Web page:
Wehrli, a longtime Kendall County board member who runs an excavating company, said the signs of the slowdown are most apparent from devalued homes, foreclosures and a general uncertainty among residents. "Our economy has got to get back to the point where people can confidently sign off on a 40-year mortgage," he said.
About 10.6 million Americans reside in the nation's exurbs, just 5 percent of the number in large metropolitan areas. That number for exurbs represents annual growth of just 0.4 percent from 2010 to 2011, smaller than the 0.8 percent rate for cities and their surrounding urban areas. Still, it also represents the largest one-year growth drop for exurbs in at least 20 years.
By comparison, in 2006 exurban communities grew at an annual rate of 2.1 percent, compared with a population loss of 0.2 percent for inner cities.
In all, 99 of the 100 fastest-growing exurbs and outer suburbs saw slower or no growth in 2011 compared with the mid-decade housing peak — the exception being Spotsylvania County, Va., located south of the Washington, D.C., metropolitan area, which has boomed even in the downturn. Nearly three-fourths of the top 100 outer suburban areas also saw slower growth compared with 2010, hurt by $3-a-gallon gasoline last year that has since climbed higher.
Other areas showing big slowdowns are Pinal County outside Phoenix; Barrow, Paulding and Pike counties near Atlanta; Union and York counties outside Charlotte, N.C., and Sandoval County near Albuquerque, N.M.
"The sting of this experience may very well put the damper on the long-held view among young families and new immigrants that building a home in the outer suburbs is a quick way to achieve the American dream," said William H. Frey, a Brookings Institution demographer who analyzed the census data.
Over the past decade, the number of poor people living in the suburbs of major metro areas grew 53 percent, compared with 23 percent in cities. Suburbs were also home to roughly one-third of the nation's poor population, outranking cities and rural areas.
The latest census data come amid an overall U.S. growth rate in 2011 of 0.9 percent, the lowest since the mid-1940s, due to fewer births and less immigration following the recent recession.
Fewer people are also moving around within the nation's borders — just 11.6 percent of the nation's population moved to new homes, the lowest since the government began tracking such information in 1948. That means fewer Americans are migrating to residential hot spots in the suburbs or Sun Belt metro areas such as Las Vegas, Phoenix and Atlanta, upending several of the population trends of the 2000s.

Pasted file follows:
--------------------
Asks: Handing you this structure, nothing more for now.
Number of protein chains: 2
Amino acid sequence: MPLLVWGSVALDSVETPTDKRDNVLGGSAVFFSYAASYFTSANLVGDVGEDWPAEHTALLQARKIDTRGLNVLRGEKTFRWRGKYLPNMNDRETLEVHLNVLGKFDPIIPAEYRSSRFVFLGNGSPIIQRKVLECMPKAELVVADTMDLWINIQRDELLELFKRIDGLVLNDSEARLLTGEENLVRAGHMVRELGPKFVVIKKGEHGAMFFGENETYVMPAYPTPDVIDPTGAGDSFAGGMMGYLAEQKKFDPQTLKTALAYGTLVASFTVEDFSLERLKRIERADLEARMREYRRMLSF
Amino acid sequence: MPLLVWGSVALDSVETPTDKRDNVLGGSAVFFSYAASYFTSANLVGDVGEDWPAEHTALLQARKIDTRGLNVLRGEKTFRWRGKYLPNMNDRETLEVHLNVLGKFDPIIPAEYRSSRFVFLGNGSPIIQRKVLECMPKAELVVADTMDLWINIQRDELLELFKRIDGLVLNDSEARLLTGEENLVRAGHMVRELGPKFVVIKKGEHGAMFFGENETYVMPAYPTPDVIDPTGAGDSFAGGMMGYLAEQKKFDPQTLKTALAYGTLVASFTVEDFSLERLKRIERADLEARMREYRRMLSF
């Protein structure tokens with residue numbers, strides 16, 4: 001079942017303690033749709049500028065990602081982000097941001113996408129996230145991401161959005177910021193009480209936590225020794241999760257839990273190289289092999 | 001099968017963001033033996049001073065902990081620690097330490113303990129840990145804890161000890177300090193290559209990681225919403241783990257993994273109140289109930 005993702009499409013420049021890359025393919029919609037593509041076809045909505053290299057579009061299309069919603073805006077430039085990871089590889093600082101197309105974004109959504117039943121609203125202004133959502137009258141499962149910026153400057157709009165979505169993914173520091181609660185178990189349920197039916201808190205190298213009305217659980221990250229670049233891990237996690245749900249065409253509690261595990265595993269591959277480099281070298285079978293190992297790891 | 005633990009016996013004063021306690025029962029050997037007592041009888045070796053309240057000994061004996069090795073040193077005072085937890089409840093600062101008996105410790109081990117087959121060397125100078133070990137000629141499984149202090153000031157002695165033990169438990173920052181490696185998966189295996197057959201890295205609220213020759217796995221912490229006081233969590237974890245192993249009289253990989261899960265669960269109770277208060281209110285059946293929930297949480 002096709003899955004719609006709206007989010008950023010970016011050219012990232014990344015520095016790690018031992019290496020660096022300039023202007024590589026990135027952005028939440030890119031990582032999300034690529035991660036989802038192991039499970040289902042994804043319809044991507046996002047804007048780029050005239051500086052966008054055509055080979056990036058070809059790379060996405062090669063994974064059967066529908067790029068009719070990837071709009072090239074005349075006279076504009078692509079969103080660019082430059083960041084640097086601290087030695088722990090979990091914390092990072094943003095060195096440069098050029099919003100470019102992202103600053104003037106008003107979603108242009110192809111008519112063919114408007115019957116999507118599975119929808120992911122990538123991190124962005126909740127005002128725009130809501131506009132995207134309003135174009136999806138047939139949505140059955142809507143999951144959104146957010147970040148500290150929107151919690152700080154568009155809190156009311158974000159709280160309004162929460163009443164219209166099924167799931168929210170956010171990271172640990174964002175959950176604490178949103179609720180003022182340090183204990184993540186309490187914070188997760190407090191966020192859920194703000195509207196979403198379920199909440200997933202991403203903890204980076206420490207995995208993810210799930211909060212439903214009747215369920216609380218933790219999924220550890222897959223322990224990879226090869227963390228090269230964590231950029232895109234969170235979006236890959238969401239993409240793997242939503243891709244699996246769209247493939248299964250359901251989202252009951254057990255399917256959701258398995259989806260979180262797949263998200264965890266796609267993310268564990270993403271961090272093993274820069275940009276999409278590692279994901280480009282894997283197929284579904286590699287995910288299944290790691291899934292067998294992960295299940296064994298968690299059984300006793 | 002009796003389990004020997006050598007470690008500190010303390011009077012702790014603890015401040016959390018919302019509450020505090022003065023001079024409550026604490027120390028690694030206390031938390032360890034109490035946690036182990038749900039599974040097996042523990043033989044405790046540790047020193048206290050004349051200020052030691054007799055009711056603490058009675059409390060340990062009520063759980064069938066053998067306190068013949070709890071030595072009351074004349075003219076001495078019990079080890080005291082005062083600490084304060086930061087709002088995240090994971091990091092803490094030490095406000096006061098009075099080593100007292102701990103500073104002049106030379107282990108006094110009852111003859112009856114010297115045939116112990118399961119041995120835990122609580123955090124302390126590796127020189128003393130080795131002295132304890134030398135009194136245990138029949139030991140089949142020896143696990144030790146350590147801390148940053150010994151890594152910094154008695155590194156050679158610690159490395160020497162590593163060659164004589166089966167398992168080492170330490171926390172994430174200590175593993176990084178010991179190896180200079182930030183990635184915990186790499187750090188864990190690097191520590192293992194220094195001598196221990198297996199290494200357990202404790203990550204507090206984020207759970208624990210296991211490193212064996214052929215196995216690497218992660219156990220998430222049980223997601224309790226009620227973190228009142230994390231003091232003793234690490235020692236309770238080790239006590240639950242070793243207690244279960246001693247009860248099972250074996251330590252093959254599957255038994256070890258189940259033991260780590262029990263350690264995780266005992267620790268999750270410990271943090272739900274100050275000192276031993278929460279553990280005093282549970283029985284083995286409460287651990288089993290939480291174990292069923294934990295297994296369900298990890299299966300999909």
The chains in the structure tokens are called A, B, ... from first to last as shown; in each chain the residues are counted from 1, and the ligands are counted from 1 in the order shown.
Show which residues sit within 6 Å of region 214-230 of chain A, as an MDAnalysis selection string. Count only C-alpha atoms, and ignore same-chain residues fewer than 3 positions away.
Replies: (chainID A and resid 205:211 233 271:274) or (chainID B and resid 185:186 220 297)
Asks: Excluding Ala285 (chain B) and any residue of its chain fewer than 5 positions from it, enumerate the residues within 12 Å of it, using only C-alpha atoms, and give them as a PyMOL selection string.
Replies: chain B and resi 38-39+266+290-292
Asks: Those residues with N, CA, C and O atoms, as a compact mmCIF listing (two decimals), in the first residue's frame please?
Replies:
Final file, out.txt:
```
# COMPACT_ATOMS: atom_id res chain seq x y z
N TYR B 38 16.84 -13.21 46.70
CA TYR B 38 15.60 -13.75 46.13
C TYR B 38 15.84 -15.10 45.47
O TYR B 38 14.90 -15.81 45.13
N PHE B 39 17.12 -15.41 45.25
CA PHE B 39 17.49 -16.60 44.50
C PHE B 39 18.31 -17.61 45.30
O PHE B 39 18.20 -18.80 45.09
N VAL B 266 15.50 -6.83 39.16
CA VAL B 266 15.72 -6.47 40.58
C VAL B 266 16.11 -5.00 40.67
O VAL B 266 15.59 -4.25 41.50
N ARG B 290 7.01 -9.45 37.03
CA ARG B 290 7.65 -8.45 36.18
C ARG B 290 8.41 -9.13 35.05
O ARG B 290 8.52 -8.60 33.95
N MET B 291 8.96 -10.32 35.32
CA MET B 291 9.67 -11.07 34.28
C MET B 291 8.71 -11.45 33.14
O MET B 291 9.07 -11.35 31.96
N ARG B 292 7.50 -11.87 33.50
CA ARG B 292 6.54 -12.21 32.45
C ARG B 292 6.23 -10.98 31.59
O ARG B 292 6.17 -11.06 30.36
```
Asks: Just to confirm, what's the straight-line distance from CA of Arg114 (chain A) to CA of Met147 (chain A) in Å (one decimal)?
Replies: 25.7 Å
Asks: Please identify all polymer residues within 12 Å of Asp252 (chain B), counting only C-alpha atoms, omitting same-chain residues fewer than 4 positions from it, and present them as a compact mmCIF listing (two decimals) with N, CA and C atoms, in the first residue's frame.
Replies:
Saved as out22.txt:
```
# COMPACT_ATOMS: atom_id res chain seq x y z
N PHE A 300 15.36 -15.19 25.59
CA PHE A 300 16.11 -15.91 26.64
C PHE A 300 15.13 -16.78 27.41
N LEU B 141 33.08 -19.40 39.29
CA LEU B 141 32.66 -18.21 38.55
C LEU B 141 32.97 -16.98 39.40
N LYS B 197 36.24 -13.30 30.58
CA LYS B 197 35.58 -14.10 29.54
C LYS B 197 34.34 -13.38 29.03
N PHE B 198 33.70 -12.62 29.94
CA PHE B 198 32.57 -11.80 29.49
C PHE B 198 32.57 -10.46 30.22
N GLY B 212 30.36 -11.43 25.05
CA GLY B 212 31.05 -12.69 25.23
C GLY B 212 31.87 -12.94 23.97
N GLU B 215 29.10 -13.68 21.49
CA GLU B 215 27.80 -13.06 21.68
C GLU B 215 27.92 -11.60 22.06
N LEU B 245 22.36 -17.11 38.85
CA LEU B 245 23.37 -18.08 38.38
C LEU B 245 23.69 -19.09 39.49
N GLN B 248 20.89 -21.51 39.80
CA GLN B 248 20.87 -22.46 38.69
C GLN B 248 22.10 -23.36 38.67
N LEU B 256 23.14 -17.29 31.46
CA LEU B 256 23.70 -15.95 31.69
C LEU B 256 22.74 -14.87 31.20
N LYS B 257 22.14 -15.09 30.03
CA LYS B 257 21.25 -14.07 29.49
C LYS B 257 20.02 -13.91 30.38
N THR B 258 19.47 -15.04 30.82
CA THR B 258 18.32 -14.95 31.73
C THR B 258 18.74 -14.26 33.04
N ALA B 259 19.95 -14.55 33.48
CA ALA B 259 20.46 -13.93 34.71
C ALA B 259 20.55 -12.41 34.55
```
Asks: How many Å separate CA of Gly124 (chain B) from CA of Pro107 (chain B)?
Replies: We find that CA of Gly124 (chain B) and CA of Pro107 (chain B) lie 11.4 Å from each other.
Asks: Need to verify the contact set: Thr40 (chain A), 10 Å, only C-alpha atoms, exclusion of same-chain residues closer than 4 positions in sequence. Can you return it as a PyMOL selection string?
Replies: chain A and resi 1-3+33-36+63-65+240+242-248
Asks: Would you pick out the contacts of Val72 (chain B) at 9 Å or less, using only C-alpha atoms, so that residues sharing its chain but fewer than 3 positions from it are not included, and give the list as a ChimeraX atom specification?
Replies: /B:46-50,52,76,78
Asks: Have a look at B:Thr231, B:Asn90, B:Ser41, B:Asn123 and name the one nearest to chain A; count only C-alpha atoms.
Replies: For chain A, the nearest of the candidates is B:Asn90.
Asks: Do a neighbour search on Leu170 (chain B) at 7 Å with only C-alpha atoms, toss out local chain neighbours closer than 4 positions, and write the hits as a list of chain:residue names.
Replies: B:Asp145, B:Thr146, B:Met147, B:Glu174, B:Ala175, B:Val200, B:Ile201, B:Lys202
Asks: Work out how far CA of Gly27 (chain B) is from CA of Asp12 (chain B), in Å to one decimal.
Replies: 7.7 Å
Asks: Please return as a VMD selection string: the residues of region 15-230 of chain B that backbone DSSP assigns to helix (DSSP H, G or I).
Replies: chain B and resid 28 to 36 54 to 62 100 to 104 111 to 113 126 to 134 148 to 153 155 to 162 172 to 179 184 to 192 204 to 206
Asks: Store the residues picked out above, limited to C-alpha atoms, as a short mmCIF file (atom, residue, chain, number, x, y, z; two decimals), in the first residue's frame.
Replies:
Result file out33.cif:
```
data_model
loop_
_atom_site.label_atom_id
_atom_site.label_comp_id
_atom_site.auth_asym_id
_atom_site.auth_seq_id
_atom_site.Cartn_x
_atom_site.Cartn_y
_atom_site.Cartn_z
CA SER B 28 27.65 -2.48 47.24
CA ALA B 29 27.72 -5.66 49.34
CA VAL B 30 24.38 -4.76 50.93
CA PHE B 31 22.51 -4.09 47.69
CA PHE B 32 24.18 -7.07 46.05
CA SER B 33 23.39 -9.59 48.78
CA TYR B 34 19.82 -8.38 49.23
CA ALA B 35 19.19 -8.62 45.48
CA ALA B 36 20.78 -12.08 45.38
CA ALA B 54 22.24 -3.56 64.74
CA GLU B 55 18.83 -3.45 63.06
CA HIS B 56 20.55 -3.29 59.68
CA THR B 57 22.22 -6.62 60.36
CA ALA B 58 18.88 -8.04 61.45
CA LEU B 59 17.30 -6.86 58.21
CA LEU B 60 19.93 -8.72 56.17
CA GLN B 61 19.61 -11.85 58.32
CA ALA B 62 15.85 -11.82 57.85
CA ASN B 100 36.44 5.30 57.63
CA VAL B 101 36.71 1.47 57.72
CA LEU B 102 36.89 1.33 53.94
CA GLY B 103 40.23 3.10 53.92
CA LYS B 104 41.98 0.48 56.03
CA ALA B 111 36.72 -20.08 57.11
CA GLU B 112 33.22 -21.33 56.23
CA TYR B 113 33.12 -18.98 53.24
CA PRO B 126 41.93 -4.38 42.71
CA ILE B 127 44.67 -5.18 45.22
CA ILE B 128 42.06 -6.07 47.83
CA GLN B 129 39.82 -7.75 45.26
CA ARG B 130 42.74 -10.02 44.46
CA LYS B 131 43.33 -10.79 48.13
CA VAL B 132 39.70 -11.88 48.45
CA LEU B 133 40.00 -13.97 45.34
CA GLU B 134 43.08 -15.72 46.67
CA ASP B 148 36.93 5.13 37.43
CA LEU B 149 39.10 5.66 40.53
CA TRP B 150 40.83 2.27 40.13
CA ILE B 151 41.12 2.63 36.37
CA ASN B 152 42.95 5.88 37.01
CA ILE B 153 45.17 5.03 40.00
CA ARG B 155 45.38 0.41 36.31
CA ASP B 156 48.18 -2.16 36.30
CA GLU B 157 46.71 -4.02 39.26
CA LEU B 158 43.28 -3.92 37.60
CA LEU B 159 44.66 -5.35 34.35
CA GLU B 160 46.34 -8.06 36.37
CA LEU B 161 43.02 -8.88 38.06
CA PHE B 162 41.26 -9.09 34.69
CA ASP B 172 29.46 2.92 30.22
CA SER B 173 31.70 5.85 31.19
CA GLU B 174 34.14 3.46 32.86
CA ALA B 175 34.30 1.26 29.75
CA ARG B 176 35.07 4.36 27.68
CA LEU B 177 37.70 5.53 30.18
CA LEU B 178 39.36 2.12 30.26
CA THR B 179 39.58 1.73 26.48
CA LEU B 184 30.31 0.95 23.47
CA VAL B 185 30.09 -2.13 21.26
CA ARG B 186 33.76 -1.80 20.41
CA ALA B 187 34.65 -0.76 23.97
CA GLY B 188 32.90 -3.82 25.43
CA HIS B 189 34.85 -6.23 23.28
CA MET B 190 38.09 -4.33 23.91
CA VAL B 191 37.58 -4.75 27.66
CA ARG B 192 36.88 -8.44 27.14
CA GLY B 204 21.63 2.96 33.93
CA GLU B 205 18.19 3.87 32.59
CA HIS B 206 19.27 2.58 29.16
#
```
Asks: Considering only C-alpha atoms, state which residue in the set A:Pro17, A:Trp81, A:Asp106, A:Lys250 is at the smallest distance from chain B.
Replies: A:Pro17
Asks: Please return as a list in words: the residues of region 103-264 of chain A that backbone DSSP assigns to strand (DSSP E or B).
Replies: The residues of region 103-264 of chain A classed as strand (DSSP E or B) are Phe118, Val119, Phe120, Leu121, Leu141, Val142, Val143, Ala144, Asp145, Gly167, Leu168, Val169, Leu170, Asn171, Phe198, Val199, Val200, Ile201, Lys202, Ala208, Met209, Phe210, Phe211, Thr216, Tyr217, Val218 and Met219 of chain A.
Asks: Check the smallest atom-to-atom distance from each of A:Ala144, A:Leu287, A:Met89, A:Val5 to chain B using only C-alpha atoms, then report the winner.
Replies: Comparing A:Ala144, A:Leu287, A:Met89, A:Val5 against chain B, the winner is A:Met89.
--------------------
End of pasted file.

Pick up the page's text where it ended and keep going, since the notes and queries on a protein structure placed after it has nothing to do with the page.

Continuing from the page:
Metro areas showing renewed growth or slower losses last year included Los Angeles, Miami, Seattle and Detroit, where steep population drops in the downturn have largely bottomed out.
—Rural counties just beyond the edge of metropolitan areas saw growth drop sharply last year, hurt by the slowing of outward sprawl. From 2010-2011, these counties increased by 30,000 people on average, compared with annual growth of 174,000 in the 2000-2010 period, according to Kenneth Johnson, sociology professor at the University of New Hampshire.
As a whole, nonmetropolitan areas last year grew 0.1 percent, compared with 0.9 percent for large metro areas and 0.6 percent for small metropolitan areas.
—Charlton, Ga., led the nation last year as the fastest-growing county, followed by St. Bernard Parish, La., both increasing more than 10 percent. That was in contrast to the 2010 census, when St. Bernard Parish ranked last in percentage growth, due primarily to the effects of Hurricane Katrina.
—Texas had four of the nation's fastest-growing large metropolitan areas: Austin, San Antonio, Dallas-Fort Worth and Houston.
—Los Angeles was the most populous county, with 9.9 million residents.
The census estimates used local records of births and deaths, Internal Revenue Service records of people moving within the United States and census statistics on immigrants. The estimates were for both counties and metropolitan areas, which include cities and surrounding suburbs.